By Michael Schmidt – Collegian Contributor
The movement fighting for the legalization of marijuana has been gaining steam. Already in California it is legal for a doctor to pre-scribe the drug to a patient for medicinal purposes. While opinions are leaning ever more towards legalization, many are still worried about adverse affects associated with cannabis use.
Advocates for ending the war on drugs will argue that there is no reason for marijuana to be illegal in the first place and that making it so is costly. Many cite the failed prohibition of alcohol as an example of how banning a substance can lead to the creation of organized crime. There are religious groups in which followers are instructed to smoke marijuana. It could be argued that people who are arrested for pot use are being punished for exercising their freedoms.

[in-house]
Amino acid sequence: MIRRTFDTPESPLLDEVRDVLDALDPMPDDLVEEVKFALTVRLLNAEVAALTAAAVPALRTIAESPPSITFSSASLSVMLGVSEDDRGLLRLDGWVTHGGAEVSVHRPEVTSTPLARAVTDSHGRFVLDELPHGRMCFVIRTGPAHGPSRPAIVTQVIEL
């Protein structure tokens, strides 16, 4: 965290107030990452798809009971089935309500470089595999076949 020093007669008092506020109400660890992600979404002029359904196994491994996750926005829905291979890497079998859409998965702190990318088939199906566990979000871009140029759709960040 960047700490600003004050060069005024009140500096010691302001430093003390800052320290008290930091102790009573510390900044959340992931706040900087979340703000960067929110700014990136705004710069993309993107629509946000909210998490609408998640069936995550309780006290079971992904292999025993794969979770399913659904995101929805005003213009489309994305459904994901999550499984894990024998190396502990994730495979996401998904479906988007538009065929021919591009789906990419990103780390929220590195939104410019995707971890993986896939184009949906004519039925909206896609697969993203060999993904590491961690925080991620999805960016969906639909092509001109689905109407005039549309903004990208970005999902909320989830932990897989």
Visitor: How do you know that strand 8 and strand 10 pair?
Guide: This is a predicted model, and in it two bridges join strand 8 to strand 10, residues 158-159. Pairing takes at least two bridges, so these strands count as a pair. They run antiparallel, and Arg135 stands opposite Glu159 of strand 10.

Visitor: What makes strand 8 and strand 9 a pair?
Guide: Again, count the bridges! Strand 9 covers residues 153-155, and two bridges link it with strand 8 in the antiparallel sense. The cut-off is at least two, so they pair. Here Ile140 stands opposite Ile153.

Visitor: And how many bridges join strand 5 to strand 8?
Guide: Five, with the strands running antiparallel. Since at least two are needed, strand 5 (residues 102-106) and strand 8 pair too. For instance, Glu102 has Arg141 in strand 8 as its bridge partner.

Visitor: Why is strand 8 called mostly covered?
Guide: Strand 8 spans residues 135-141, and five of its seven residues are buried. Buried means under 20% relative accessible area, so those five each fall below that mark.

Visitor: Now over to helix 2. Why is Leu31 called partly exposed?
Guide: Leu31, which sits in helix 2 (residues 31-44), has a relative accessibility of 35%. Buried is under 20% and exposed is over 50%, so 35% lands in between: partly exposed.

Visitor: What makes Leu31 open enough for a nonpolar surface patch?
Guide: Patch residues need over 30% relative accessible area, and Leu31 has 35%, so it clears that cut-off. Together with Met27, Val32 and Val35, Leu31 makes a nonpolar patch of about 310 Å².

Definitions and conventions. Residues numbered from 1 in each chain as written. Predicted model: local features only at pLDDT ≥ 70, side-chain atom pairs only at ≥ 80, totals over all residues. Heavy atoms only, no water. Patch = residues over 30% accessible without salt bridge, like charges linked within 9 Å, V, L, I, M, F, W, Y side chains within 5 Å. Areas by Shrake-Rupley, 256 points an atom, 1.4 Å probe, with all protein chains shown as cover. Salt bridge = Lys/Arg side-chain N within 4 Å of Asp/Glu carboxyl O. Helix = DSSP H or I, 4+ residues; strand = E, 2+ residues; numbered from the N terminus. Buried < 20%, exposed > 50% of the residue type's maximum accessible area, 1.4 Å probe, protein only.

Critics of legalization often state that the drug causes more harm than good. Many see marijuana as a stepping stone for users to move on to harder drugs, such as heroin. There is also a fear that stoned driving would increase danger on the roads and that marijuana would be easier to fall into the hands of children. Although studies have been disputed, some state that widespread use could lead to physical dangers.
It seems ironic that both parties are essentially arguing for the same thing: improvement of the drug situation in the United States, although their manner of doing so completely differs. One side argues for legalization, while the other pushes for tighter regulation.